Price-Disequilibrium Model of the International Financial Grid: Innovation, Crisis, and Off-Shore Banking

Frederick Betz


International cash flows are involved in the process of international banking; and the modern technologies of information and communications (IC) have increased the speed, volume, and complexity of international flows. But at the end of the twentieth century, the global world began to experience destabilizing international flows -- particularly in the Asian financial crisis of 1997, Global financial crisis of 2007, and Euro crisis of 2010. In using the IC technologies, how has international banking increased the frequency and intensity of international financial crises? Did the IC technology somehow encourage the failure of international financial institutions in performing with basic financial ‘integrity’, ‘honesty’, and ‘prudence’? To answer these issues, one must observe the financial system within an IC network, a kind of financial ‘grid’. We use the concept of a ‘financial grid’ and model the grid as a network of institutional intermediaries, matching financial supply-to-demand. To construct this topological model, we review the recent history of investment banking and of the organization of off-shore banking into an unregulated but centralized international financial grid.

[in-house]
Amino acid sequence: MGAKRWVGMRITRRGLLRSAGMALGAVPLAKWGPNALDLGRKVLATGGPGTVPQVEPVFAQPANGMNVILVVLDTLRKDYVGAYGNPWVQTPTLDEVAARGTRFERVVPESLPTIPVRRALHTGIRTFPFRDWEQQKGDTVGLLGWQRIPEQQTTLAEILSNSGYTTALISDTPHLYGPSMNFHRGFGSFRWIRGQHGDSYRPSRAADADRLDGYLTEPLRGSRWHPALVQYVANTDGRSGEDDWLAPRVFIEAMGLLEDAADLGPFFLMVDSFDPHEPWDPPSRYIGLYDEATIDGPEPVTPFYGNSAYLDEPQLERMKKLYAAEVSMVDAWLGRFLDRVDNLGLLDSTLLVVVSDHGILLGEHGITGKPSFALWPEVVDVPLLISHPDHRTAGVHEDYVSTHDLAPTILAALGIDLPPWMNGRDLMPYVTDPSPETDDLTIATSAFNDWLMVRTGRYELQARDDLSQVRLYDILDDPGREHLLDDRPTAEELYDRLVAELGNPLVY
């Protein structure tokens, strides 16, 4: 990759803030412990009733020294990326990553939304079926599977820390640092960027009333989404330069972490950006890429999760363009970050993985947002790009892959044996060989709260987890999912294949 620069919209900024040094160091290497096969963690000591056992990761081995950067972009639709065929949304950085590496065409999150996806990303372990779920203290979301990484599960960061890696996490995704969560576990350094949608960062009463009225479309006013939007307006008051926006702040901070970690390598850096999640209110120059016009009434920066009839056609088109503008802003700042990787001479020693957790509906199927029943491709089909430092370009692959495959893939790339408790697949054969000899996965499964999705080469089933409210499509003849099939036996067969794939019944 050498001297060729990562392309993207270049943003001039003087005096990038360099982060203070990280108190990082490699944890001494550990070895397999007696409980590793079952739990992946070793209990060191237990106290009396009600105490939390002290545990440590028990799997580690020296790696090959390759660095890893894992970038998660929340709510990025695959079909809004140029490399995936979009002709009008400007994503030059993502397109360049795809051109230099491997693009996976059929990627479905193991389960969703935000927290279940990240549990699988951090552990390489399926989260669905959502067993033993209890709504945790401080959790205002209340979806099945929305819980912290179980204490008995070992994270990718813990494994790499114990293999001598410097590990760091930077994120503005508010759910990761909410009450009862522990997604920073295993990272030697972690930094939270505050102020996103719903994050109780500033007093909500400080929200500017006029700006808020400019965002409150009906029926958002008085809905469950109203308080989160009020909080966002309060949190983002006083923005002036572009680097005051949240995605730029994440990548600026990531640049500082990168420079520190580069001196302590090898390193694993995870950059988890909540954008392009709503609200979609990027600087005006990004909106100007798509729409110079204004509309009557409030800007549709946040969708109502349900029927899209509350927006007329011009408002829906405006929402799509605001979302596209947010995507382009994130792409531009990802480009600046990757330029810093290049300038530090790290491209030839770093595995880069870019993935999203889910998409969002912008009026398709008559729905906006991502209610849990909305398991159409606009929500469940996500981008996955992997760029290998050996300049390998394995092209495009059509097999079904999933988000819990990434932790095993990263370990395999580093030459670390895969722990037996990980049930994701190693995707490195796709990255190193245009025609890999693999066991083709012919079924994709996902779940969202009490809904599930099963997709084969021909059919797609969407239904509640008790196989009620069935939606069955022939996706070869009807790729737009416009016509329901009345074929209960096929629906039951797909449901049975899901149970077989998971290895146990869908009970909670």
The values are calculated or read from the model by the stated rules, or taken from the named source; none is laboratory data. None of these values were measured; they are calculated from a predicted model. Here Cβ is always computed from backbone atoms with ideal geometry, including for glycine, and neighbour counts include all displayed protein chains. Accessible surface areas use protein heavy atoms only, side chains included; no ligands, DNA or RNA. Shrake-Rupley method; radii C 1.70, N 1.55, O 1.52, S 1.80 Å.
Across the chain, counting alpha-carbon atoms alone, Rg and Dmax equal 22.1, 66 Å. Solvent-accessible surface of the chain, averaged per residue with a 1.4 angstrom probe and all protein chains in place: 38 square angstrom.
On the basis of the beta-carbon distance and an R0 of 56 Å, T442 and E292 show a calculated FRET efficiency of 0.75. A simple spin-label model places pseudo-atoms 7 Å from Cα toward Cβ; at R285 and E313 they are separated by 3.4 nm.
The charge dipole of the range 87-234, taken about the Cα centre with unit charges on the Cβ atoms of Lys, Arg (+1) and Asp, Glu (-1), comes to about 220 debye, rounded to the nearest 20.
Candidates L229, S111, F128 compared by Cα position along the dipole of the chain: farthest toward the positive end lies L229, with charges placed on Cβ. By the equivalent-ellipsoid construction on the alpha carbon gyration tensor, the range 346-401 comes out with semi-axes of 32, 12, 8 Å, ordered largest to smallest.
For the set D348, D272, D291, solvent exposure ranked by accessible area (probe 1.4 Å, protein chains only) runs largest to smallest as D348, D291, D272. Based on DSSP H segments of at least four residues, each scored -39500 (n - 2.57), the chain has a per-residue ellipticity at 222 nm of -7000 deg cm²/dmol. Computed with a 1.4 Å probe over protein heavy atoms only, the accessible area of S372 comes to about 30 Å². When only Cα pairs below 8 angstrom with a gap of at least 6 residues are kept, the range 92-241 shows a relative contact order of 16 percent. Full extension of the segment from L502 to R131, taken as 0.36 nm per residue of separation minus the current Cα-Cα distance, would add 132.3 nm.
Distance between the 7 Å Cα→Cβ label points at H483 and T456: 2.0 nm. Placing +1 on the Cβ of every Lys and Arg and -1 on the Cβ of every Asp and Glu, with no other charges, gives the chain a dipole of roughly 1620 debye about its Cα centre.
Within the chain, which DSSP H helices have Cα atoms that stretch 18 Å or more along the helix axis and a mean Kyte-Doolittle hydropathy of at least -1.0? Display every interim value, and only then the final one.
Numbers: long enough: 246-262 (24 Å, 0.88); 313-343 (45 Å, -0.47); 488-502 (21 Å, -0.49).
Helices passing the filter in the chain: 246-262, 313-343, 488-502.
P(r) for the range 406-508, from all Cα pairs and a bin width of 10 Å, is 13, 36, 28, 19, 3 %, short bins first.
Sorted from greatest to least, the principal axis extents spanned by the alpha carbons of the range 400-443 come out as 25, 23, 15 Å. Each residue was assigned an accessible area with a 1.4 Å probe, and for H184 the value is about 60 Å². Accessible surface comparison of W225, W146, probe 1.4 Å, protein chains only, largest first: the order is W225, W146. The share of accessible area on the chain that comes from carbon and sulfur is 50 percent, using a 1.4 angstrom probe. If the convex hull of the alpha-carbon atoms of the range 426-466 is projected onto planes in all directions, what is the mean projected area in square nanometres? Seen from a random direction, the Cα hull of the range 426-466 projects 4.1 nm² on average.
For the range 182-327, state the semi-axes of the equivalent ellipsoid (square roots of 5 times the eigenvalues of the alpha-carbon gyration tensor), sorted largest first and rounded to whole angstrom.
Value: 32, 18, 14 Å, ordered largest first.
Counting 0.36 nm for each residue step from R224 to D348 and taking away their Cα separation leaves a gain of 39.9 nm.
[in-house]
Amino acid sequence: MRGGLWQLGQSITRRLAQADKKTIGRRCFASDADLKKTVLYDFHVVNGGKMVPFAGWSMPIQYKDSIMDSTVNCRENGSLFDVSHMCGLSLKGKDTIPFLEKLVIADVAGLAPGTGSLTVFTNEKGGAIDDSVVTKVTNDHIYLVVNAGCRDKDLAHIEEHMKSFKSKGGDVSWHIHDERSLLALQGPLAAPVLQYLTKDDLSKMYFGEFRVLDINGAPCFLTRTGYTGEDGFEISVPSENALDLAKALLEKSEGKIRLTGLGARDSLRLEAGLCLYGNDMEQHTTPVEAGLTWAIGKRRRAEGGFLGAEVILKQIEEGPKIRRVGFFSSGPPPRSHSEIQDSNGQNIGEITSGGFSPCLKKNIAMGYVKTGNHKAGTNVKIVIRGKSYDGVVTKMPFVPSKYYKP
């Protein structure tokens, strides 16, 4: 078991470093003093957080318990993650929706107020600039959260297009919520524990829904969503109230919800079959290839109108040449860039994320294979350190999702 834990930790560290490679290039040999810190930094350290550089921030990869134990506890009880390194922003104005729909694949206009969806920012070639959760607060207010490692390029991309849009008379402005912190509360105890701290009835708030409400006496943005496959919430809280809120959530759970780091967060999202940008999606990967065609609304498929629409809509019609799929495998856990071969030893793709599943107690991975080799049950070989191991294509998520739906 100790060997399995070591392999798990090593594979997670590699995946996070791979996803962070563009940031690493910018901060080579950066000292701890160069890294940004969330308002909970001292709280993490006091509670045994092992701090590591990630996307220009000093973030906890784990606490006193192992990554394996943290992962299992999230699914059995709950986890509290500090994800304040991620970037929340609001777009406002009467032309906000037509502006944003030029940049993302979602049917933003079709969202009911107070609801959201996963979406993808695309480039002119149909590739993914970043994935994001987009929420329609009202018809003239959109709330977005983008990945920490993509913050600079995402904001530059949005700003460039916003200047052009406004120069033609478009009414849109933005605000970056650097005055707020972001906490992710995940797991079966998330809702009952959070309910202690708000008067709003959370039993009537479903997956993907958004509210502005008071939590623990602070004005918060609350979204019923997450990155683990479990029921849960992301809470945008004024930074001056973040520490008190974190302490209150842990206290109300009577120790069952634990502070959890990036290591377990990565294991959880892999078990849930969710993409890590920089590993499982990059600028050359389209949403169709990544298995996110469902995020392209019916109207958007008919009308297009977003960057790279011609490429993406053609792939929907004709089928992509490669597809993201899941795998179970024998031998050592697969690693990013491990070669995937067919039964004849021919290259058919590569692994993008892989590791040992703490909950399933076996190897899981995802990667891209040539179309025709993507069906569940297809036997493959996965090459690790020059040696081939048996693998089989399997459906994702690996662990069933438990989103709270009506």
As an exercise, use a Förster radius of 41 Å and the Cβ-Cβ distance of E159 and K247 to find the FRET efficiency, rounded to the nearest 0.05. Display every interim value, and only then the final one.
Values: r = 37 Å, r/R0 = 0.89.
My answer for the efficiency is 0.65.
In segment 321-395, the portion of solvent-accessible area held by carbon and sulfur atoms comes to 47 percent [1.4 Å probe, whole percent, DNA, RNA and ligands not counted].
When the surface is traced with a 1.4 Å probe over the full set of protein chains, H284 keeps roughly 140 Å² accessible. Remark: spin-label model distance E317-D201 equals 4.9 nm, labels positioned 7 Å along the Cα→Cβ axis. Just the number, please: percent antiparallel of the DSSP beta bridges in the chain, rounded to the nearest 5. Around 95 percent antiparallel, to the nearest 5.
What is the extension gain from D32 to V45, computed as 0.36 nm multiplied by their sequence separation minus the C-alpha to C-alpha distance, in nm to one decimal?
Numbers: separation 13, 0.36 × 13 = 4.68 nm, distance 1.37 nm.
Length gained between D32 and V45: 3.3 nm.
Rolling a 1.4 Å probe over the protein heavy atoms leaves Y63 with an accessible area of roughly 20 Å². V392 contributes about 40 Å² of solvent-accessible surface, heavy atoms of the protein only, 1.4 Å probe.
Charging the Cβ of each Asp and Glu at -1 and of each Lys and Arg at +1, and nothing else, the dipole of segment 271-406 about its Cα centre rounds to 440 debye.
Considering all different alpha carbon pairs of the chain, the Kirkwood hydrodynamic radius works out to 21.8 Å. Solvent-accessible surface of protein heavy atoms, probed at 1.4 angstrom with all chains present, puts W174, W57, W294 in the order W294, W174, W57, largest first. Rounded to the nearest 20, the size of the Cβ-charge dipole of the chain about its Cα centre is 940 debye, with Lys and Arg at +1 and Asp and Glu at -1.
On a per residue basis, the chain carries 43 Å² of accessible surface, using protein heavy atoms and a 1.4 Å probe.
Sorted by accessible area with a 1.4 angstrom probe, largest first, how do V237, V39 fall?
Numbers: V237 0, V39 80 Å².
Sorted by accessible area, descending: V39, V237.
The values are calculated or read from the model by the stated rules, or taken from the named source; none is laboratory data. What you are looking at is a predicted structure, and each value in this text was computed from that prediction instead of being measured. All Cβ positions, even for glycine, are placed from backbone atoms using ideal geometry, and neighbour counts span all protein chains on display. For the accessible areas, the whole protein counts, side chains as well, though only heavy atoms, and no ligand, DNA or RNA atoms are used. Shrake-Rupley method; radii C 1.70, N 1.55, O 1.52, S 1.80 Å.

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Business and Management Research
ISSN 1927-6001 (Print)   ISSN 1927-601X (Online)

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